The color or colour between black and white. U.S. spelling has traditionally been gray, and British (or at least modern British) grey. The OED notes:

With regard to the question of usage, an inquiry by Dr. Murray in Nov. 1893 elicited a large number of replies, from which it appeared that in Great Britain the form grey is the more frequent in use, notwithstanding the authority of Johnson and later English lexicographers, who have all given the preference to gray . In answer to questions as to their practice, the printers of The Times stated that they always used the form gray ; Messrs. Spottiswoode and Messrs. Clowes always used grey ; other eminent printing firms had no fixed rule. Many correspondents said that they used the two forms with a difference of meaning or application: the distinction most generally recognized being that grey denotes a more delicate or a lighter tint than gray . Others considered the difference to be that gray is a ‘warmer’ colour, or that it has a mixture of red or brown …. In the twentieth century, grey has become the established spelling in the U.K., whilst gray is standard in the United States.

I would definitely agree with the last statement. The New York Times used gray more than 195,000 times between 1851 and 1980, and grey only 32,255. (The statistics are complicated by the fact that both spellings constitute a common last name.) However, my (American college) students almost unanimously choose grey. I hypothesize that this reflects the popularity of Grey Goose Vodka, designed for the American market and introduced in 1997, and of the TV show “Grey’s Anatomy,” which debuted in 2005. (The book to which the title refers is “Gray’s Anatomy.”)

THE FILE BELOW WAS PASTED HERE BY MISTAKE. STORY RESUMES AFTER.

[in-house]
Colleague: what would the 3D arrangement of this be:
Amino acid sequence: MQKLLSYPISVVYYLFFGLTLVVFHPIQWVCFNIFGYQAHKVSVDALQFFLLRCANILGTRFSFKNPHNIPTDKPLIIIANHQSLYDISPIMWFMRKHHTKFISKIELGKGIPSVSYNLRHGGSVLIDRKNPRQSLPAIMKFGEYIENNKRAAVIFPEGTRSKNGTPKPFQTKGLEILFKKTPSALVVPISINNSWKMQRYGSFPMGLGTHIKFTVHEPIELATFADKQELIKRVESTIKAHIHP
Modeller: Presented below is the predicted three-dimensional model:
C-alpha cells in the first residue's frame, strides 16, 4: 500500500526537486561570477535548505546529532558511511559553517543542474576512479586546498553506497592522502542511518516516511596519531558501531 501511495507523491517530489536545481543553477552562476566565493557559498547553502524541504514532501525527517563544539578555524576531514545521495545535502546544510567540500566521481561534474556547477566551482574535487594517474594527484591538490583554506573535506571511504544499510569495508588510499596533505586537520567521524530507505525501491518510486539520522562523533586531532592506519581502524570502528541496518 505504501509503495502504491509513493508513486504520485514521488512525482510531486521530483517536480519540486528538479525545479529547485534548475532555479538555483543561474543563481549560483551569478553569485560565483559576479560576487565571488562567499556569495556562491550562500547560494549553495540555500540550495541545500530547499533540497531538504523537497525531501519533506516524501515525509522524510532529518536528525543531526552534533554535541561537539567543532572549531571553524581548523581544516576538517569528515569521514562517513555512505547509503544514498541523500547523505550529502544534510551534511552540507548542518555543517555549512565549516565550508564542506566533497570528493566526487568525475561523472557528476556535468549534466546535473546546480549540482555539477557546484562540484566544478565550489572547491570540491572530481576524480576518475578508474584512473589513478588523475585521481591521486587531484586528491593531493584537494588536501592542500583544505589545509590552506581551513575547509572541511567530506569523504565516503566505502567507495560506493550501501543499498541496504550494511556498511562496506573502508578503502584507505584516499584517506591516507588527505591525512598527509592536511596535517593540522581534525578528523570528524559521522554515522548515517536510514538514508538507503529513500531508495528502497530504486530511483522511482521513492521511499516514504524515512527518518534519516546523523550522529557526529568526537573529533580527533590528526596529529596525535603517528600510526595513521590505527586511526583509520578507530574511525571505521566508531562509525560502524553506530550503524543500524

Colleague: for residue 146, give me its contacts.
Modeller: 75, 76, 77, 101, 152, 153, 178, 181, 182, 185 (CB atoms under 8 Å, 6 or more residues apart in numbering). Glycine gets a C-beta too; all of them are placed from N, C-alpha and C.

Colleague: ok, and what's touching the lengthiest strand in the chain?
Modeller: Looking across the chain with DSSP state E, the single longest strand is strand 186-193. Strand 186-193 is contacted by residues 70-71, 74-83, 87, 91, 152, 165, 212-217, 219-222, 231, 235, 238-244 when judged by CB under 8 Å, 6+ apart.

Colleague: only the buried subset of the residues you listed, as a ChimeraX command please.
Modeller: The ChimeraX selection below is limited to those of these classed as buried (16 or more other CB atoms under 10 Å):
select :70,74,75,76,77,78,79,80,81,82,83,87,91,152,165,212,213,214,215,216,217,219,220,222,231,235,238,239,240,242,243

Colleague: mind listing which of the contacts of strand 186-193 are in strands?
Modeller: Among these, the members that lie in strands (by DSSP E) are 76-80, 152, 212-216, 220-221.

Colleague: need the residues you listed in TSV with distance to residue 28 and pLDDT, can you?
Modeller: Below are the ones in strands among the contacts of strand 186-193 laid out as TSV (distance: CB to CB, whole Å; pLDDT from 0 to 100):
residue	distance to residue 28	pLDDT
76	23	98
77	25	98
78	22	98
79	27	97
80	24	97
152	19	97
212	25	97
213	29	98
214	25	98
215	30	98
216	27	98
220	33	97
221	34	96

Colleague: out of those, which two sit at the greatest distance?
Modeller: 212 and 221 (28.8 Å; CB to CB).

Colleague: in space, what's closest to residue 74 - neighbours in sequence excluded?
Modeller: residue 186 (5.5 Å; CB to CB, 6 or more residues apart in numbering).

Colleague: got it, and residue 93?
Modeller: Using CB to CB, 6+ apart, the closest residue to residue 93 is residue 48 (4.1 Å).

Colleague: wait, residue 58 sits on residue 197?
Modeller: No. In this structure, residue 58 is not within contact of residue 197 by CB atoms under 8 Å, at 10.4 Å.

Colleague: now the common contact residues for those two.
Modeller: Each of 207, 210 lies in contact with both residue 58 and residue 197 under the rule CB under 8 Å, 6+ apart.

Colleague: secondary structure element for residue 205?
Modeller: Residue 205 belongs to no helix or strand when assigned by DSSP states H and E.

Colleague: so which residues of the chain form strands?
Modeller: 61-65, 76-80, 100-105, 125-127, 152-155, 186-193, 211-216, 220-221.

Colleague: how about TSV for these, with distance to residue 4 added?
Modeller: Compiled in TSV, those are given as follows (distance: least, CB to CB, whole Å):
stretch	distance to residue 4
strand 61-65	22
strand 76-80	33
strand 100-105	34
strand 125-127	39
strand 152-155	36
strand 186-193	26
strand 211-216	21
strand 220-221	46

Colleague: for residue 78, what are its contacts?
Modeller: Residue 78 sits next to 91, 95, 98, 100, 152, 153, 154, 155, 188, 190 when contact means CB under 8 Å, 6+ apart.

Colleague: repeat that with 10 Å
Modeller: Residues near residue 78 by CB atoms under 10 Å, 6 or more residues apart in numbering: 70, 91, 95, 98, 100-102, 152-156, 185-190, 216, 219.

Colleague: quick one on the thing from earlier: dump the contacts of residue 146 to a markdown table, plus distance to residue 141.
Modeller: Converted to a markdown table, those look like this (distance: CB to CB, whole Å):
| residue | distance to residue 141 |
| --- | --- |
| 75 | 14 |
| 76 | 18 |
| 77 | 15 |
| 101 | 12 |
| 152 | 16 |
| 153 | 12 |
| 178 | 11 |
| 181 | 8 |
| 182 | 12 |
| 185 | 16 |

Visiting the Tomb of the Unknown Soldier on a grey and misty morning, the President told thousands of mourners: “They fell so we might have the freedom, which too many of us take for granted, but at least on this day we know is still our greatest blessing.” (Time, May 29, 1995)/ The hills are shedding their summer gold for their fall grey. (San Jose Mercury News, October 13, 2011)

20 thoughts on ““Grey”

  1. I’ve spelled the word with an “e” by preference for the past fifty-odd years. It simply looks better to me.

  2. Grey is generally used in Irish English too.

    Describing it as the colour halfway between black and white seems unduly restrictive, though, since it can be used to describe virtually any point on the scale between those two extremes.

    1. Thanks. I like the comments. There also turns out to be a website devoted to the difference between grey and gray, http://www.greyorgray.com They say:

      Meanwhile, in the United States, “gray” became standard somewhat earlier [than the twentieth century]. Examining two nineteenth-century U.S. dictionaries–Webster’s Academic Dictionary (1867) and Webster’s Condensed Dictionary (~1897)–and both include entries for “grey” that refer readers to “gray” for the term’s definitions. So what is the difference between grey and gray? On the one hand, this indicates an early preference in the United States (or at least at Merriam-Webster) for “gray”; but on the other, it suggests an incomplete victory, since British spellings such as “labour” and “labelled” don’t appear in those dictionaries at all.

  3. I am not a native English speaker and I always went by the rule that it’s ‘grEy’ in England and ‘grAy’ in America – easy to remember! Bad news, then, that it’s not really that simple!

  4. I much prefer grey, but I think it’s selling your students a little short to attribute it to vodka and TV (though they may play a part). As for me, I’ve been spelling it that way at least since high school – before I was aware of the vodka and before Grey’s Anatomy aired. Before I read LotR, too.

    For me, at least, grey is more evocative of the color. Maybe it’s slight synesthesia, but there is definitely some feeling for me that grey is slightly cooler and gray is slightly warmer (color-wise), so maybe it makes no sense for me to primarily use grey. I don’t know.

  5. I once got called out once on an internet forum for using “grey” instead of “gray” which made me question whether I’d spelled it right, turns out I did, I’m british and he must have been american, it’s been bothering me ever since, thanks for clearing that up.